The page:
Dr. Richard Sauerheber
(B.A. Biology, Ph.D. Chemistry, University of CA, San Diego)
Palomar College,1140 Mission Rd., San Marcos, CA 92069
July 15, 2012
To Bill Sheets: email@example.com
Last year was the worst year ever for Snohomish River salmon returns according to the Herald. See “Salmon Level Plummets”, Herald July 14, 2012. http://www.heraldnet.com/article/20120714/NEWS01/707149946#Salmon-survival-plummets We flail about, looking for explanations. However, we ignore the lesson learned on the Columbia River in the 1980s.
Alcoa was dumping water into the Columbia at Vancouver, which contained fluoride, and the salmon were turned back. See this YouTube interview with environmentalist Brent Foster, who relates the story of the salmon run crash on the Columbia River: http://www.youtube.com/watch?v=LNoOYONOE00.
The typical outfall from a city which fluoridates its water at 1.0 ppm contains around 1.0 ppm fluoride, and this plume of fluoride in fresh water extends down river and out into the Sound for a considerable distance at that 1.0 ppm level. As was learned on the Columbia, a level of only 0.2 ppm fluoride in fresh water is sufficient to narcotize the salmon brain and block return to fresh water for spawning. To salmon fluoride stinks. Salt water is itself around 1.0 ppm fluoride, however it also contains around 300 ppm calcium, which ties up and “buffers” the fluoride. In Snohomish River snowmelt water, where the calcium level is below 10 ppm calcium (an extremely low level), fluoride is very noxious to fish that rely on environmental odors to navigate. See: http://www.fluoride-class-action.com/to-salmon-fluoride-stinks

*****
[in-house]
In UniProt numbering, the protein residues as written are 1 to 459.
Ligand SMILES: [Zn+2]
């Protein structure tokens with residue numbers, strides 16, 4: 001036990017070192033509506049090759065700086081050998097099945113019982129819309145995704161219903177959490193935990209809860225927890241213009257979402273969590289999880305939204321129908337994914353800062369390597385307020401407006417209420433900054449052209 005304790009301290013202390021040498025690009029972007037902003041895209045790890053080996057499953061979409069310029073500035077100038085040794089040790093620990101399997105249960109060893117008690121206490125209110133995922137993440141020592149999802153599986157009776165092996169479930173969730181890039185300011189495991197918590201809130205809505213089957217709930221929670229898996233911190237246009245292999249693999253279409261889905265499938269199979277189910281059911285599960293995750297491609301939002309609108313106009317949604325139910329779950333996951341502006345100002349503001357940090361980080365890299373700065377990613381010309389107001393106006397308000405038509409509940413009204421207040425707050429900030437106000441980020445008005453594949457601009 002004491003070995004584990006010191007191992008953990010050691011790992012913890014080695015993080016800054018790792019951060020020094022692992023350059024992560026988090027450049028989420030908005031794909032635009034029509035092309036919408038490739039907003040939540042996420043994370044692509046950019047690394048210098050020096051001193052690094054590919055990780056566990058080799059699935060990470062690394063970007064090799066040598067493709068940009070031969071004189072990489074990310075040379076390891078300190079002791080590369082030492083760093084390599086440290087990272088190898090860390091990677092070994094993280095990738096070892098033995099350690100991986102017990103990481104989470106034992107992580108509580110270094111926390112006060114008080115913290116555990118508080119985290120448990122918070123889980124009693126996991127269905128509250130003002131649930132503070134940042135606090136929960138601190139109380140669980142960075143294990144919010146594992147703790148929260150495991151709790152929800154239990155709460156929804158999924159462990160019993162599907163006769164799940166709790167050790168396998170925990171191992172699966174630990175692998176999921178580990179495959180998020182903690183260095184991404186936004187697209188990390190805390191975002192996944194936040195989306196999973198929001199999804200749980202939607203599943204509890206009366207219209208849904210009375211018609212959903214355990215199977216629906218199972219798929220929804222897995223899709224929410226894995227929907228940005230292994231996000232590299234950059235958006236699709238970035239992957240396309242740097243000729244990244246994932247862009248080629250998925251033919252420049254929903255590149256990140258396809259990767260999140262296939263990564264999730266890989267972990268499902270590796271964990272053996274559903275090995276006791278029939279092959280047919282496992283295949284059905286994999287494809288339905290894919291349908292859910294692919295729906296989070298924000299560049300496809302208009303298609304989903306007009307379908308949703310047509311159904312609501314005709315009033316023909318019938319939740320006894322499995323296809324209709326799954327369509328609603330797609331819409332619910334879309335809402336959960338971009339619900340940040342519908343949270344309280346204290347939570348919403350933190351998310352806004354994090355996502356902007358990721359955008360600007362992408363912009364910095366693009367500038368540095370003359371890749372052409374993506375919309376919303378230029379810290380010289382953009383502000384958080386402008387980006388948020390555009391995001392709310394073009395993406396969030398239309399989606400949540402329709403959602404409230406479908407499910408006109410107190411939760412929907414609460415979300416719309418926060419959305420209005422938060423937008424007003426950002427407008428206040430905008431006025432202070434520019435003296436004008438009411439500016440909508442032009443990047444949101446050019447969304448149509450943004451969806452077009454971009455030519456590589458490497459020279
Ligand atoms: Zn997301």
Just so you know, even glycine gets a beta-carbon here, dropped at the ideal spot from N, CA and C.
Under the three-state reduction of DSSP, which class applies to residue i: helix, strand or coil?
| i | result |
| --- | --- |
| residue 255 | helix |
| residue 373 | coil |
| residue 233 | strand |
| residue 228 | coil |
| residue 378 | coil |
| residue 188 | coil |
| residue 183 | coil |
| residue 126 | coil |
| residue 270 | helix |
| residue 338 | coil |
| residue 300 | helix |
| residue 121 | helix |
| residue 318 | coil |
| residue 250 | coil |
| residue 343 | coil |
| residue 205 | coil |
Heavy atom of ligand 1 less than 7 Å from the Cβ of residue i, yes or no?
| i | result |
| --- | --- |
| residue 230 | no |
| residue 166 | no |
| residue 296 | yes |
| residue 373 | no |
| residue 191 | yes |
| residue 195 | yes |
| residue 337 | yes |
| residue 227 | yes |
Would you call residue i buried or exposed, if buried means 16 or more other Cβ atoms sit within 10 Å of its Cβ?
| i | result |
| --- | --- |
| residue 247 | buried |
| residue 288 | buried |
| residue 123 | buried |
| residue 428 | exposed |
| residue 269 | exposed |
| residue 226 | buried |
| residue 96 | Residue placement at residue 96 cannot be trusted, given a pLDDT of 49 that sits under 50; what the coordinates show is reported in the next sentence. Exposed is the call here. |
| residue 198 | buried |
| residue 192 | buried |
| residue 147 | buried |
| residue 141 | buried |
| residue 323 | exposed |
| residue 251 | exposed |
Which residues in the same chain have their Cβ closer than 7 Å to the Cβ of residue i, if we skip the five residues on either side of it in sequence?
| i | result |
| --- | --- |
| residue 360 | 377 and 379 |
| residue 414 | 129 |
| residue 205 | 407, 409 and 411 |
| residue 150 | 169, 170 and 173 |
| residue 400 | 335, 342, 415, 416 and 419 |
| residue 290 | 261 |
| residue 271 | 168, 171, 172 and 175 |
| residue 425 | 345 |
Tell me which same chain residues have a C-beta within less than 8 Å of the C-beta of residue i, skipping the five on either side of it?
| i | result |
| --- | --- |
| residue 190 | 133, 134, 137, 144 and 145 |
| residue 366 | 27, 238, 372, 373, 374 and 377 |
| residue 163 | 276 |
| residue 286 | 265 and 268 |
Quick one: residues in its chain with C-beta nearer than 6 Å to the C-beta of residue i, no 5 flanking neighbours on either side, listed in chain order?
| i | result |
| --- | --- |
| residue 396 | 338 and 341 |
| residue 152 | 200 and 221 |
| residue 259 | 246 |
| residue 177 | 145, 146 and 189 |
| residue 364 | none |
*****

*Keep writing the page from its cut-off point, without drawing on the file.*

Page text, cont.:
How much fluorosilicic acid, dumped form city water supplies in central and south Snohomish County, flows into the Snohomish River watershed? A lot. More than 99% of fluoridated water goes straight down the drain and directly to the filtration plant and the sewer outfall into the Snohomish River. Sewer plant filtration does not filter out fluoride, and so it ends up in the Snohomish River. Everett remains behind the times while the country is waking up to the harmful effects of drinking water fluoridation. See: http://www.fluoride-class-action.com/history/fluoridation-the-great-dilemma-history.
How does fluoride get into the Snohomish River? Most tap water goes down the drain, through toilet flushing, baths and showers, dish washing, and commercial uses. An additional load of fluoride is added as people brush their teeth with toothpaste fluoridated at 1500 ppm and spit the toothpaste down the drain. If the sanitary sewer is mostly separate from the storm sewer, then most of the water reaching the waste water treatment plant is fluoridated sewer water. At the waste water treatment plant, solids and many chemicals are removed, however, the fluoride ion and the hydrogen fluoride molecule are much too small to be filtered out, and so they pass on to the sewer outfall. Generally the sewer outfall of a fluoridated city can be as much as 1 ppm.
Part of the city of Snohomish gets its drinking water from the Pilchuk River, which is not fluoridated, and the other part gets its drinking water from Everett Utilities, which is fluoridated. However, all of Snohomish’s waste water is treated just to the west of Highway 9, on the north bank of the Snohomish River, where it is released into the Snohomish River. See this map of the Snohomish waste water treatment facility: http://binged.it/144ifrJ.